GIS Dossier: Ukraine

Ukrainian President Petro Poroshenko greets Ukrainian POWs returning from Russia
Dec. 28, 2017: Ukrainian President Petro Poroshenko steps forward to greet a column of soldiers returning from Russian captivity on the tarmac at Kharkiv airport (source: dpa)

GIS Dossiers aim to give our subscribers a quick overview of key topics, regions or conflicts based on a selection of our experts’ reports since 2011. This survey is devoted to one of Europe’s biggest geopolitical challenges – the conflict with Russia over Ukraine.

After the breakup of the Soviet Union, for Russia “no loss was greater than that of Ukraine,” GIS expert Professor Stefan Hedlund noted in a January 2012 report. The amputation of the USSR’s largest non-Russian republic, with Europe’s sixth-largest population of 51 million, was the most damaging diminution of what was once the world’s second superpower.

Under independent Ukraine’s first two presidents, Leonid Kravchuk (1991-1994) and Leonid Kuchma (1994-2005), Moscow tried with varying degrees of success to bring the country back into its political orbit. Ukrainian leaders tried to steer a middle course, retaining an orientation toward the “Eurasian cultural and economic space” dominated by Russia, while seeking closer ties and investment from the advanced economies of Western Europe.

The Orange Revolution of November 2004 frustrated Russian President Vladimir Putin’s efforts to recapture Ukraine by political means. After an allegedly rigged presidential runoff triggered mass protests, Moscow’s preferred choice, Prime Minister Viktor Yanukovych, was forced into a rerun won by the opposition candidate, Viktor Yushchenko (2005-2010).

Moscow tried economic pressure to win control over Ukraine’s energy infrastructure and strategic gas pipelines


This defeat prompted Moscow to switch to economic pressure, attempting to win control over Ukraine’s energy infrastructure and especially its vital gas transport system, including the main pipelines carrying Russian natural gas to Western Europe. These tactics culminated in a two-week shutoff in 2009 that left European customers freezing in the middle of a very cold winter, forcing Ukraine to sign a 10-year gas agreement that started with discounts, then escalated tariffs to European market levels, as GIS expert Dr. Frank Umbach pointed out in a February 2014 report. The effect was to put a choke hold on Ukraine’s economy.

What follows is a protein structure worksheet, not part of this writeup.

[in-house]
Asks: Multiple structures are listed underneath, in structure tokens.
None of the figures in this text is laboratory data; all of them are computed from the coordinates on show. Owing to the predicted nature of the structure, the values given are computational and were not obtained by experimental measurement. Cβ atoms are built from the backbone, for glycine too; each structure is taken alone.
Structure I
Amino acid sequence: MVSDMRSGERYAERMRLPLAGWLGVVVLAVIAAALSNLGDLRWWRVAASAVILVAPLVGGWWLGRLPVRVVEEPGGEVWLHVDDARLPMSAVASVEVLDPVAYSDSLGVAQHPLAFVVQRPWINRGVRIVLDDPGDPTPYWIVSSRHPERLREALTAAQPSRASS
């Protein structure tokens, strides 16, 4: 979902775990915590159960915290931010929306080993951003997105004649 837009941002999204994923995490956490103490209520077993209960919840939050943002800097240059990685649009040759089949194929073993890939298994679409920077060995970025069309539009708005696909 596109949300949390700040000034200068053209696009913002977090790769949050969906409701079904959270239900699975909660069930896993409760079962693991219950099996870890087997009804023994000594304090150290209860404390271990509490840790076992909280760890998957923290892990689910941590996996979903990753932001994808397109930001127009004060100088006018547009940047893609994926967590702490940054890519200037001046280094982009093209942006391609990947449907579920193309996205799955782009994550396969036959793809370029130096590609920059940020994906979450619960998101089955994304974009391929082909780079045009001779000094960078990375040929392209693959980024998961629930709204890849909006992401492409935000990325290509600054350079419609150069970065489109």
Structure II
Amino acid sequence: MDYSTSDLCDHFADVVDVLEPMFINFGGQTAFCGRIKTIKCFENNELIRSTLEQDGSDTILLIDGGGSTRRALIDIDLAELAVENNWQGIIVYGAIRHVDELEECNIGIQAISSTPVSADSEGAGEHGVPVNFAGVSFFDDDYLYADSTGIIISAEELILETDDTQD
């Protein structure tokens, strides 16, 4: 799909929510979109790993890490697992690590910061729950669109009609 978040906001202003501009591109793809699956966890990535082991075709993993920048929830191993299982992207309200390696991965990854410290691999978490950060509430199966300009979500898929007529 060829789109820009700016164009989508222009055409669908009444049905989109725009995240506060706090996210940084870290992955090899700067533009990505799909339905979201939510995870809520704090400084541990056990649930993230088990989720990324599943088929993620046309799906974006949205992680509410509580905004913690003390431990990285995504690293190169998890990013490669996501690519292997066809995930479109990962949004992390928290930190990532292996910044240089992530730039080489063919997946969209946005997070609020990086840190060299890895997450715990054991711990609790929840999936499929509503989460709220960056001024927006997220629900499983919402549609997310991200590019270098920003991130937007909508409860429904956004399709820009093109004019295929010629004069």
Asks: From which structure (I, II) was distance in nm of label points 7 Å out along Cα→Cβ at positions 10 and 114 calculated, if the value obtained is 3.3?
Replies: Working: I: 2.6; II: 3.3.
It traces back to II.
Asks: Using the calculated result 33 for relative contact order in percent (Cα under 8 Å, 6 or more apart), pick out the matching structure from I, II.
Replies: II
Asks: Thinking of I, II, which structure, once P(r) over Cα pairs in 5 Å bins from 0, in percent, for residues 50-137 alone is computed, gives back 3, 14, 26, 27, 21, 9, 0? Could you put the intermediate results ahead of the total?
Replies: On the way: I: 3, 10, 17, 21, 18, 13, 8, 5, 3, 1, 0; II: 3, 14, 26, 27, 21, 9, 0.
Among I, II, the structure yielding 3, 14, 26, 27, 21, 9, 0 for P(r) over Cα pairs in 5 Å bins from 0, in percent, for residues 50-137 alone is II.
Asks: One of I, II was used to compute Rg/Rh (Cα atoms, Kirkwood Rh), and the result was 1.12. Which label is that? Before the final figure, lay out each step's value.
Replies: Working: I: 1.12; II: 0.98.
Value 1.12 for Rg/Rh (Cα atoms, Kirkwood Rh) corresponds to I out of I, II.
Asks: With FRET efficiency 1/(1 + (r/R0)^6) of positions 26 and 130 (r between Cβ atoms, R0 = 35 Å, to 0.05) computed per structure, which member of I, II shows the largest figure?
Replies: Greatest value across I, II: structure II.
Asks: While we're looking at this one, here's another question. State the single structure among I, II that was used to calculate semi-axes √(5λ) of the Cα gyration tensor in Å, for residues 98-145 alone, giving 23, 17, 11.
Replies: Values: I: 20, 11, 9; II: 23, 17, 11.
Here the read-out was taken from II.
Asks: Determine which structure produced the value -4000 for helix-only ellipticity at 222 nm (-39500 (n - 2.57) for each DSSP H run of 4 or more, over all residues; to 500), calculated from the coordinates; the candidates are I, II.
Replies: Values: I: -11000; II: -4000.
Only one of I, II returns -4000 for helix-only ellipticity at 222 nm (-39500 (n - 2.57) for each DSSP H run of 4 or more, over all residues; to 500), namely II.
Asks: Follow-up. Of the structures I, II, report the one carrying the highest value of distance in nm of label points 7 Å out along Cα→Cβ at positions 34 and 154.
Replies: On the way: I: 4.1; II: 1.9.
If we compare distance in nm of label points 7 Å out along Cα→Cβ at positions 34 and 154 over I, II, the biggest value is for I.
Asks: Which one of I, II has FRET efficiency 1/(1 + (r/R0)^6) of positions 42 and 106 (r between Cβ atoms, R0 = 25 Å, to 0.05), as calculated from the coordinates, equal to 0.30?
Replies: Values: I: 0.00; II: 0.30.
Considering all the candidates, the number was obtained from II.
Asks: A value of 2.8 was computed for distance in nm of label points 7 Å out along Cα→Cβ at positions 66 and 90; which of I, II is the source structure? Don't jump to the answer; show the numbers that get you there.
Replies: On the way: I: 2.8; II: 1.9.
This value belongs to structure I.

Yanukovych’s moment

The gas squeeze came during the death throes of Mr. Yushchenko’s presidency, which had already been wrecked by the squabbling Orange Revolution parties and their oligarch sponsors. The return to power of President Viktor Yanukovych (2010-2014), capped by a victory of his Party of Regions in the manipulated October 2012 elections, did not stop Kiev’s balancing act between Russia and the West. But it unleashed a wave of popular anger that eventually swelled into the Euromaidan revolution of 2013-2014.

Mr. Yanukovych’s moment of truth came in November 2013, when he had to decide whether to sign an association agreement with the EU, or bow to Russian strong-arm tactics and join the Eurasian Economic Union. He opted for the latter. As Professor Hedlund predicted in a September 2013 report, that set Ukraine on the wrong side of the fence “separating liberal democracies and rule-based market economies in the West from authoritarian, oligarch-controlled regimes in the East.”

Poison pill

Ukraine’s last-minute decision to snub Europe’s offer sparked the protests that ultimately toppled President Yanukovych. But it also revealed the flaws of the EU’s Eastern Partnership (EP) strategy toward the former republics of the Soviet Union – the “near abroad” which Russia wished to retain as a “zone of privileged interest,” Professor Hedlund argued in December 2013.

The EP must now be viewed as a general failure [because it] never offered more than a halfway house. Governments … had to consider that forging closer ties with Europe would invite retaliation from Russia, and that the EU would not be ready to compensate for severe disruptions in trade and in the flow of energy.